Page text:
Segmental motoneuronal dysfunction is a feature of amyotrophic lateral sclerosis

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Journal Article
Clinical Neurophysiology, 2015, 126 (4), pp. 828 - 836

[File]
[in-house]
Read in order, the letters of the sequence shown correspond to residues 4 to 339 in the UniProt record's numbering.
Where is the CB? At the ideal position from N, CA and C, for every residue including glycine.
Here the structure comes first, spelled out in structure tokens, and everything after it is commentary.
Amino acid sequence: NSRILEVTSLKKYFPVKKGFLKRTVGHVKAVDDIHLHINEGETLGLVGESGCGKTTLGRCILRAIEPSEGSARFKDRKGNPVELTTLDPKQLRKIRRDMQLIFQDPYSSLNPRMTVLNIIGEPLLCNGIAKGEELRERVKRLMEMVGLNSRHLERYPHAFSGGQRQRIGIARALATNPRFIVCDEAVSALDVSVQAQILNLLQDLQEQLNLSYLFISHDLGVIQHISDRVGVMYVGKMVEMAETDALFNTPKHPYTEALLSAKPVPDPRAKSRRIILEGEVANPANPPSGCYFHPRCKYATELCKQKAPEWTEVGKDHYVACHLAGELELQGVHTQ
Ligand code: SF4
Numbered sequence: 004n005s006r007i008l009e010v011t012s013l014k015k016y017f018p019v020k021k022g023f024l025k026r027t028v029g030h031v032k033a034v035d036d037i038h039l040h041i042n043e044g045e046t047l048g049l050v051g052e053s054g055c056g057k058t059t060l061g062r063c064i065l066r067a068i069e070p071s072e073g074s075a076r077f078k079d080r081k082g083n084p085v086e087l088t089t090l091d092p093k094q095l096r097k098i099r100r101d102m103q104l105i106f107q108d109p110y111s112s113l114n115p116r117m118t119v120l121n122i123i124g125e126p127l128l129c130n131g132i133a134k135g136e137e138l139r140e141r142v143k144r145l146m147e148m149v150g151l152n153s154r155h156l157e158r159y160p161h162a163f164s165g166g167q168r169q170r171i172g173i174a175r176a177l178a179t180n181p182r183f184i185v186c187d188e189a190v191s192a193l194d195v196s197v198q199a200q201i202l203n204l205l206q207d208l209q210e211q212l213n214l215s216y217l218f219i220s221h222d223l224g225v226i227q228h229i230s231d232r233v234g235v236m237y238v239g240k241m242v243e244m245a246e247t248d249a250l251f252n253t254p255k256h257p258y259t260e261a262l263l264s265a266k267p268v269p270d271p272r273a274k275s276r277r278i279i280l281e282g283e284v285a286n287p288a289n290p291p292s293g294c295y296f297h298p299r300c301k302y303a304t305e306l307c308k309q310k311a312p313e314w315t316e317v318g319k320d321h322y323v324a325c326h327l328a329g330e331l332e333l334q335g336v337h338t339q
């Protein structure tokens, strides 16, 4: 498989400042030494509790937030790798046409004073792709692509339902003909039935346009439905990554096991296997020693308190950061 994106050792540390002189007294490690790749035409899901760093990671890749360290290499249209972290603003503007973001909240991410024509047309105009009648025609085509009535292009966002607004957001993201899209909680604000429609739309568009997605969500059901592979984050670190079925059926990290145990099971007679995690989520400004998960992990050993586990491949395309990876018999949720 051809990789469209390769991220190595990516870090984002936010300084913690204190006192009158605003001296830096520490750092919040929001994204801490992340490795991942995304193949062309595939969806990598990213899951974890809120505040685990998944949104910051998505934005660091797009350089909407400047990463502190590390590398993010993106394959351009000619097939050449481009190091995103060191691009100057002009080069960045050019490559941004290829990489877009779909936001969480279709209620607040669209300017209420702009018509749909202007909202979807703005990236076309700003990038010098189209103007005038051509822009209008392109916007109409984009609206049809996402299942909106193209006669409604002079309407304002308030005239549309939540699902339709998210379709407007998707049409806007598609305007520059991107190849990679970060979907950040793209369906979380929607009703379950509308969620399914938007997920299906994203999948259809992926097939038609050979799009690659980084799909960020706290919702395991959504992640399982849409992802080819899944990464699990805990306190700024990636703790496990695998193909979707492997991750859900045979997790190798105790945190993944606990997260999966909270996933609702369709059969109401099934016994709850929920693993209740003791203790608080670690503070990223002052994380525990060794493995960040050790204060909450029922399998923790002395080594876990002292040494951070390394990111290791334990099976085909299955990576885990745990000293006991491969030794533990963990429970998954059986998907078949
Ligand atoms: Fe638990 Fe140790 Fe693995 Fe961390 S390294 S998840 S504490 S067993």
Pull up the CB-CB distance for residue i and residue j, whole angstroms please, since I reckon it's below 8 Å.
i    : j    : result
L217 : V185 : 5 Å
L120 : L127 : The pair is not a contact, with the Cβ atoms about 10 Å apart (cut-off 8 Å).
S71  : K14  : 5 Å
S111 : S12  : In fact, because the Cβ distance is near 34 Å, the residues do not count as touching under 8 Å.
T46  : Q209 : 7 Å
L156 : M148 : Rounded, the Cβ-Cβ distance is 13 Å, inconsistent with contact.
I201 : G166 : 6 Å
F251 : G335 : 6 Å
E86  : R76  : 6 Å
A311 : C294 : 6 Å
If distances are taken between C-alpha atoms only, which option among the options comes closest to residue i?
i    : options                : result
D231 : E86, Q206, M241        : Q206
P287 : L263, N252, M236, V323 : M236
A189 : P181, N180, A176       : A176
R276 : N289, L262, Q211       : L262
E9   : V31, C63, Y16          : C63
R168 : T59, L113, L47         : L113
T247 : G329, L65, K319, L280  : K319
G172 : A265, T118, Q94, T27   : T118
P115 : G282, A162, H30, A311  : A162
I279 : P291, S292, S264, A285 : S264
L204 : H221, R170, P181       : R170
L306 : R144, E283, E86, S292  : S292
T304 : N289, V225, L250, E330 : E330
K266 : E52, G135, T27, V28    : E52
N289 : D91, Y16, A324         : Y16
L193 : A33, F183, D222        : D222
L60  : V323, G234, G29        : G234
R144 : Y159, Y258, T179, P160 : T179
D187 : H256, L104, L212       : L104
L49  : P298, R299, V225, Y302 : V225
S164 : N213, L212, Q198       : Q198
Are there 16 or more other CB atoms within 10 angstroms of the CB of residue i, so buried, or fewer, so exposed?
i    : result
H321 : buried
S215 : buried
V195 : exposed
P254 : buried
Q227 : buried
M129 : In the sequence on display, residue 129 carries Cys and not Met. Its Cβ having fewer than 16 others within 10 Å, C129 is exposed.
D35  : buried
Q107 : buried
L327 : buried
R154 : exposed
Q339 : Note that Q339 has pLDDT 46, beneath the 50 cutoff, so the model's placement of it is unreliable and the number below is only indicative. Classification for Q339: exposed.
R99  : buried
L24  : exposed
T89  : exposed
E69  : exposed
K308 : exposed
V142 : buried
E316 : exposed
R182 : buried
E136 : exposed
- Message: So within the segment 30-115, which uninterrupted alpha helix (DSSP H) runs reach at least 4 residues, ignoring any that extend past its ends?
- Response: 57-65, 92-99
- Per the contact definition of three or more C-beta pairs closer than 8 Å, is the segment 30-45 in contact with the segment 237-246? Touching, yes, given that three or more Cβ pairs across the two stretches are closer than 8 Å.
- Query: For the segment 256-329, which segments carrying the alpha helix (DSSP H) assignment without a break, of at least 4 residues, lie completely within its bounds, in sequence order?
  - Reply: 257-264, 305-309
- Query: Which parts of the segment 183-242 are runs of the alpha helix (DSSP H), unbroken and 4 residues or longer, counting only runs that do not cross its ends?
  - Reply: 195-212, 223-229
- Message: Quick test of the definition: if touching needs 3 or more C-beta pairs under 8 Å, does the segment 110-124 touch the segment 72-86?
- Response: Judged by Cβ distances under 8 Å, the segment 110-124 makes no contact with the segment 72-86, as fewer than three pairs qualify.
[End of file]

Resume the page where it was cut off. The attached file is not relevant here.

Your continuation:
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© 2014 International Federation of Clinical Neurophysiology. Objectives: There is accumulating evidence of dysfunction of spinal circuits in the pathogenesis of amyotrophic lateral sclerosis (ALS). Methods: The present study was undertaken to characterise the pathophysiological changes in segmental motoneuronal excitability in 28 ALS patients, using recruitment curves of the soleus H-reflex and M-wave, compared with clinical assessments of upper motor neuron (UMN) and lower motor neuron dysfunction. Results: H-reflex recruitment curves established that Hmax/Mmaxand slope (Hθ/Mθ) ratios predicted clinical UMN dysfunction (p<0.001). Changes in Hθ/Mθwere driven by reduced Mθ. Assessment of Hmax/Mmaxwas similar in the ALS and control groups, and was affected by overlap of the H and M recruitment curves in ALS patients. Conclusion: Changes in the slope ratio (Hθ/Mθ) in ALS suggested that alterations in peripheral motor nerve excitability following UMN damage may affect the recorded H-reflex. Increased collision of reflex discharges with antidromically-conducted motor impulses may be exacerbated in ALS due to preferential loss of large-caliber α-motoneurones, which may explain the similarities in Hmax/Mmaxbetween groups. Significance: Findings from the present study provide further insight into the pathophysiology of ALS, specifically the relative contributions of premotoneuronal and segmental motoneuronal dysfunction.
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